Dissecting cell and tissue mechanics of the prospective forebrain during early zebrafish development

Lead Research Organisation: University of Warwick
Department Name: Warwick Medical School

Abstract

Programme overview:

This MRC-funded doctoral training partnership (DTP) brings together cutting-edge molecular and analytical sciences with innovative computational approaches in data analysis to enable students to address hypothesis-led biomedical research questions. This is a 4-year programme whose first year involves a series of taught modules and two laboratory-based research projects that lead to an MSc in Interdisciplinary Biomedical Research. The first two terms consist of a selection of taught modules that allow students to gain a solid grounding in multidisciplinary science. Students also attend a series of masterclasses led by academic and industry experts in areas of molecular, cellular and tissue dynamics, microbiology and infection, applied biomedical technologies and artificial intelligence and data science. During the third and summer terms students conduct two eleven-week research projects in labs of their choice.

Project:
This study will address how mechanical forces contribute to forebrain development and will use the zebrafish embryo as a model system to investigate the affect of forces on cell and tissue shape changes, by performing live cell imaging and probing cell mechanical properties using biophysical measurements.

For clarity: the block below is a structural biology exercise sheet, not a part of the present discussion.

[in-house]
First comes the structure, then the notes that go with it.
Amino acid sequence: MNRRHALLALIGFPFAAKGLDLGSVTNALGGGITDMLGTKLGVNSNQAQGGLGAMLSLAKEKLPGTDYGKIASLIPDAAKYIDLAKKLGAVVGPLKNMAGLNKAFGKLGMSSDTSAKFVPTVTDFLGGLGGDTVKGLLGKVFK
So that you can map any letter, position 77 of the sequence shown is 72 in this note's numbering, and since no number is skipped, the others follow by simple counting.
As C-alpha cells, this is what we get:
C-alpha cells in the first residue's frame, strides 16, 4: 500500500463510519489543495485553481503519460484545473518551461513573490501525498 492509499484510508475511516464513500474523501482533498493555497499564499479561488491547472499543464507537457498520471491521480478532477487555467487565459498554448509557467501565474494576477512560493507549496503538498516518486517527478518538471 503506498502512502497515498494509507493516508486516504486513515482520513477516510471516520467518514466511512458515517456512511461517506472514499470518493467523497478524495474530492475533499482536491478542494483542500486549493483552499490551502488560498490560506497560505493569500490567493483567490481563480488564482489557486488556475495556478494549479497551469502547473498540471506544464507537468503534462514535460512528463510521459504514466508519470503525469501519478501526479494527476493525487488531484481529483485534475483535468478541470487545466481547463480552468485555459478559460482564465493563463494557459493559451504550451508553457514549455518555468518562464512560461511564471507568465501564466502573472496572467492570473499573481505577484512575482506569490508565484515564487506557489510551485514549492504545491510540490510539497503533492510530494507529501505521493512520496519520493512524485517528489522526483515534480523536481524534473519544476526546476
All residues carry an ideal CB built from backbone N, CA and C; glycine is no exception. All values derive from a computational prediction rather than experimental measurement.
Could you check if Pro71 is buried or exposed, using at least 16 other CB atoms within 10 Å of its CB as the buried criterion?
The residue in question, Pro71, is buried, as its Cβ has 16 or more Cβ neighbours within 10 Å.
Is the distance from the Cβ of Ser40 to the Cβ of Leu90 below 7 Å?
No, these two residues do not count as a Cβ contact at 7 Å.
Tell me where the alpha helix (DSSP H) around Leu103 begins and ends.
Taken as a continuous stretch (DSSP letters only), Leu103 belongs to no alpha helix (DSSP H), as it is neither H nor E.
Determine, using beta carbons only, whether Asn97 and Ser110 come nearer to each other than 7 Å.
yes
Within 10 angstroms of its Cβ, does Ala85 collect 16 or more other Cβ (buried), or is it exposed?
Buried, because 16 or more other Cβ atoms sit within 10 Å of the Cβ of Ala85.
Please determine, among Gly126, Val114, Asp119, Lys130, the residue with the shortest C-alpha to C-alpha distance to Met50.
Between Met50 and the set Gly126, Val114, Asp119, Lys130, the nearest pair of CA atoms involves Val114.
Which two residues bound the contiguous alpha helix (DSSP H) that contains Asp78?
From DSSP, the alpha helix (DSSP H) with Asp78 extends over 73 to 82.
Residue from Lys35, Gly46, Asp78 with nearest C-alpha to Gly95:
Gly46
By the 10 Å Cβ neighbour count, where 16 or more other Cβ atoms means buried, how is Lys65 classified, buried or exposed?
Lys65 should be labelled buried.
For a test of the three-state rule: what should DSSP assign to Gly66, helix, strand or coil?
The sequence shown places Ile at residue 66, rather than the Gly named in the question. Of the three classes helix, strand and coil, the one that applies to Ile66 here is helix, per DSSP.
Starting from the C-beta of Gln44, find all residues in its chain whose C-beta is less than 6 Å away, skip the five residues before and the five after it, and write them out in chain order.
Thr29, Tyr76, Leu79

The project will involve cutting-edge live-cell imaging (multiphoton and diSPIM microscopy) to image processes during embryonic development on multiple levels. Quantitative force measurements such as laser ablation and force interference methods will be applied. High-end software and computational analyses will be developed for quantitative tension measurements and a mathematical model to calculate material properties will be developed.
Studying very early processes of brain development in the growing embryo will lead to a better understanding of the complexity of the adult brain and associated pathologies. It becomes increasingly clear from work on mutant zebrafish embryos associated with brain abnormalities such as cyclopia, that cell and tissue morphogenesis is impaired during early development, creating a causal link between force generated processes and disease. Given the numerous birth defects in humans, the outcomes of this study are expected to advance understanding of the causes, prevention and treatment of related diseases, including cyclocephaly, and neural tube defects including the prevalent spina bifida.
The interdisciplinary techniques as well as the areas of science covered make this project a perfect fit for the framework of the MRC strategic priorities, in particular the Applied Biomedical Technologies theme. Discoveries from this research can be a valuable starting point for industry objectives, such as developing of novel drugs and treatments tackling brain diseases. Creating a better understanding of complex disease mechanisms is therefore essential to accelerate medicine discoveries and progress advanced therapeutics such as regenerative medicine.

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